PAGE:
Procedure for declaring dividends
A company’s articles of association (and any shareholders’ agreement) should always be checked regarding the provisions for the declaration of any dividend. The Companies Act 2006 does not specify who shall declare dividends.
Companies with model articles of association
Article 30 of the model form articles of association states that whilst the directors can recommend a final dividend, the members must declare a dividend by ordinary resolution. This can be either by written resolution or in a general meeting. Most private companies will choose to do this by written resolution.
Members cannot vote to pay themselves a final dividend more than the amount that the directors have recommended but can decide to pay a smaller amount. Directors alone can resolve to pay interim dividends.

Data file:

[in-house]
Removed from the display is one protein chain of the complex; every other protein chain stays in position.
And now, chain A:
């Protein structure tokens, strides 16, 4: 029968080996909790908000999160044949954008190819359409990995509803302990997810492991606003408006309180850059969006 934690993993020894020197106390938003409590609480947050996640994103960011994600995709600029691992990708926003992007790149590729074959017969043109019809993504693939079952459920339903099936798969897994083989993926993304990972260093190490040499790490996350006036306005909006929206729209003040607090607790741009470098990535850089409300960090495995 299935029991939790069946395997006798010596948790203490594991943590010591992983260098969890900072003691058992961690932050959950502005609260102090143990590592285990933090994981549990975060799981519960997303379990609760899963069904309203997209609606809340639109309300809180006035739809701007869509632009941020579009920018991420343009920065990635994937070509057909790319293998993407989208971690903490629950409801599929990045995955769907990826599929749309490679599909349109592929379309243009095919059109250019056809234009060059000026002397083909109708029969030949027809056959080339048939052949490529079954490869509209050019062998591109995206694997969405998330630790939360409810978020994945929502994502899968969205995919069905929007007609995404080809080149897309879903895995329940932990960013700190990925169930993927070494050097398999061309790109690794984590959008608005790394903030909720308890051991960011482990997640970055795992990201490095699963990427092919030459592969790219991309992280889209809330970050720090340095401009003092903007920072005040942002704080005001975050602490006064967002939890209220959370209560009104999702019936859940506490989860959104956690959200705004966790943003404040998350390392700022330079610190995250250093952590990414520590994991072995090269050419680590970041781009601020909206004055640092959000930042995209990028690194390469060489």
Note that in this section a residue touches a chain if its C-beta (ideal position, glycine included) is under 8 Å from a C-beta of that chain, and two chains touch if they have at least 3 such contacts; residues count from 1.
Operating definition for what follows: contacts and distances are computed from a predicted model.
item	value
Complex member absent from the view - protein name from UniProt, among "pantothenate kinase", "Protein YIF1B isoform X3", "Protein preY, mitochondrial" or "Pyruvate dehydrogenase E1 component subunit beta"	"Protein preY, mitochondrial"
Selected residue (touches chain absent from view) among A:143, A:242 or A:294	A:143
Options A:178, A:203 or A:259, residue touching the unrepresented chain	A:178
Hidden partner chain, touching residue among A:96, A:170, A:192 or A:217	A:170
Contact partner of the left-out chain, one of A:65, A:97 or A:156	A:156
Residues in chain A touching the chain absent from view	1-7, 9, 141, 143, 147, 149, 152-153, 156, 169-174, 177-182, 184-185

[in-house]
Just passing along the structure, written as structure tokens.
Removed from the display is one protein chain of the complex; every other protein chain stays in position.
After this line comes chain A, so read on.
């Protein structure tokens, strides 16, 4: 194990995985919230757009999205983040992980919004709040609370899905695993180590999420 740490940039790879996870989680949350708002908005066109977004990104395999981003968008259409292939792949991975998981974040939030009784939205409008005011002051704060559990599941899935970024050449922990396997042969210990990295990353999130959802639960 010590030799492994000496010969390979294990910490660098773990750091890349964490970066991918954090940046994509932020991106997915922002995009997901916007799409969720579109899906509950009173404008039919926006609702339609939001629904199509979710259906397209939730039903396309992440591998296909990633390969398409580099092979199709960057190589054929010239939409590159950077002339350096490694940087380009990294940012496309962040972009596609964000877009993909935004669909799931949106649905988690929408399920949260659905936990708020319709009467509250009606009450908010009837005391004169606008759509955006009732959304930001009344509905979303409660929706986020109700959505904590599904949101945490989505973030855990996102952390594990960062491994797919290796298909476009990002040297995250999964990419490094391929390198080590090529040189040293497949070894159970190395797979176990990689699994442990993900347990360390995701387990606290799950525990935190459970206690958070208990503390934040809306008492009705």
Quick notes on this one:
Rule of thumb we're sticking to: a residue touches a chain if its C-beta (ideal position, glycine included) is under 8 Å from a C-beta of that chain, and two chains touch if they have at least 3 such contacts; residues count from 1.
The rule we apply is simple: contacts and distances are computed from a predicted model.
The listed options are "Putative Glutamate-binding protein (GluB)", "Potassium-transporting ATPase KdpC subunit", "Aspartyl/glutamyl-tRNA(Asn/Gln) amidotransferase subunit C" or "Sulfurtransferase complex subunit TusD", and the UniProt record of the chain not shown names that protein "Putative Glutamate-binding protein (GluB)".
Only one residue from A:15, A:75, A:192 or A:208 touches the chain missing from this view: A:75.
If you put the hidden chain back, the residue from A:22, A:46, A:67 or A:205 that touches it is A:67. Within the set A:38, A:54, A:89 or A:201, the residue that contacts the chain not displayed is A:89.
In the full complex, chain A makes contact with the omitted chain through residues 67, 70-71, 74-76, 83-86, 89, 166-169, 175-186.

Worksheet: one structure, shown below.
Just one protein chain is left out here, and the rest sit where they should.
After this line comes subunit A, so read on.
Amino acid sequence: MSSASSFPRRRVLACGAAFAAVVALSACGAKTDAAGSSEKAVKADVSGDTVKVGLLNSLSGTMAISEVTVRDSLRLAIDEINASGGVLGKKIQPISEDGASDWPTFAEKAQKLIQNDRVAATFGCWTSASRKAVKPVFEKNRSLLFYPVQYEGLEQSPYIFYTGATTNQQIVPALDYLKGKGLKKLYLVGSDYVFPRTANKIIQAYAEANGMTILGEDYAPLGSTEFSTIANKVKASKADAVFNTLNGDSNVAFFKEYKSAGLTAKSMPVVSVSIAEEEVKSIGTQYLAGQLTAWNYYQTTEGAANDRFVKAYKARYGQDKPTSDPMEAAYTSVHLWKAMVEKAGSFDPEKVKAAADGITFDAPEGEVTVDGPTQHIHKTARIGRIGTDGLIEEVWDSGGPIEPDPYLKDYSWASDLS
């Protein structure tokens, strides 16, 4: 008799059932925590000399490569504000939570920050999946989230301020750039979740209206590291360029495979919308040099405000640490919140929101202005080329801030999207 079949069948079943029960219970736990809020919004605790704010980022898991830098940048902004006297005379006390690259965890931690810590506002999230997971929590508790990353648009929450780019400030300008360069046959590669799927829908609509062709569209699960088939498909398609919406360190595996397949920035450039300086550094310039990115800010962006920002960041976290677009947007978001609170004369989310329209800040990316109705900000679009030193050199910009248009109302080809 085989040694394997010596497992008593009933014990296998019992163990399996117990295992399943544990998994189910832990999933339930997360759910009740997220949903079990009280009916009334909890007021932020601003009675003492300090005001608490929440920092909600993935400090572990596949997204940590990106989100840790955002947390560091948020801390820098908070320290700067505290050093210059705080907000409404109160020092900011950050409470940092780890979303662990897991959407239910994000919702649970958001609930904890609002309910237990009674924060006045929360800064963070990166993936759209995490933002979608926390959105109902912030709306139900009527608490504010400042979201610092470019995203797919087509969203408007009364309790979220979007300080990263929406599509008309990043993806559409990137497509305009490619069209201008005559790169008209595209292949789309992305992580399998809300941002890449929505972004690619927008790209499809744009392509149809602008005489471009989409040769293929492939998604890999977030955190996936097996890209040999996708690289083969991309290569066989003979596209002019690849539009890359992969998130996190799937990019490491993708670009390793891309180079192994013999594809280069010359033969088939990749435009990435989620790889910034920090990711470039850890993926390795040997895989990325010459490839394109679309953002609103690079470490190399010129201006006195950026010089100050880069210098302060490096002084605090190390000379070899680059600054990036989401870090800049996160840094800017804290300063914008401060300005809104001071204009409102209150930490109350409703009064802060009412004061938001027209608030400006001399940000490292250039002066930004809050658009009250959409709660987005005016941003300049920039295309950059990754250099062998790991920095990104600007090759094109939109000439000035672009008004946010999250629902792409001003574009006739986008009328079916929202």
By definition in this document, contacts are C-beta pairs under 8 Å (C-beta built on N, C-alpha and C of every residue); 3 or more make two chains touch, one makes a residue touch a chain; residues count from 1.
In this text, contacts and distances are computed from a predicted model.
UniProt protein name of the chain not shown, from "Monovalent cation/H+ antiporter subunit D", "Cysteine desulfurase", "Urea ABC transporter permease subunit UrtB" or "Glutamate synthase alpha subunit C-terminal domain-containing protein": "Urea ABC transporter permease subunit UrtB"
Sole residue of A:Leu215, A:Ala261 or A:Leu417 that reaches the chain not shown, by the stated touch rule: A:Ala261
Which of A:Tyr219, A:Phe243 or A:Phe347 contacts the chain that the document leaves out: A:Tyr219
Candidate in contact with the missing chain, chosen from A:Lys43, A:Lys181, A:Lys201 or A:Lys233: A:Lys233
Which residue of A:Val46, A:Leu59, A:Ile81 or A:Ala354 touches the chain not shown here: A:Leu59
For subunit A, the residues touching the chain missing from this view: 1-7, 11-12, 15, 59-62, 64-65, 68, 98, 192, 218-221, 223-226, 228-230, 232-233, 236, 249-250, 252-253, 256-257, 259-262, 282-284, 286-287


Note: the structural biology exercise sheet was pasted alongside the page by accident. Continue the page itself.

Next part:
Companies with modified articles of association
As the Companies Act 2006 does not specify who declares dividends and does not stipulate a requirement for dividends to be declared by shareholders, some SME private companies will choose to amend their articles of association to dispense with the need for dividends to be declared by shareholders.
If a company has modified their articles and specifically removed article 30 of the model articles and is otherwise silent on the point, directors will be able to declare all dividends (final and interim). There will therefore be no need for shareholder approval unless the company decides it is best practice.
The board minutes to declare dividends cover both the situation where shareholder approval is required and where it isn’t.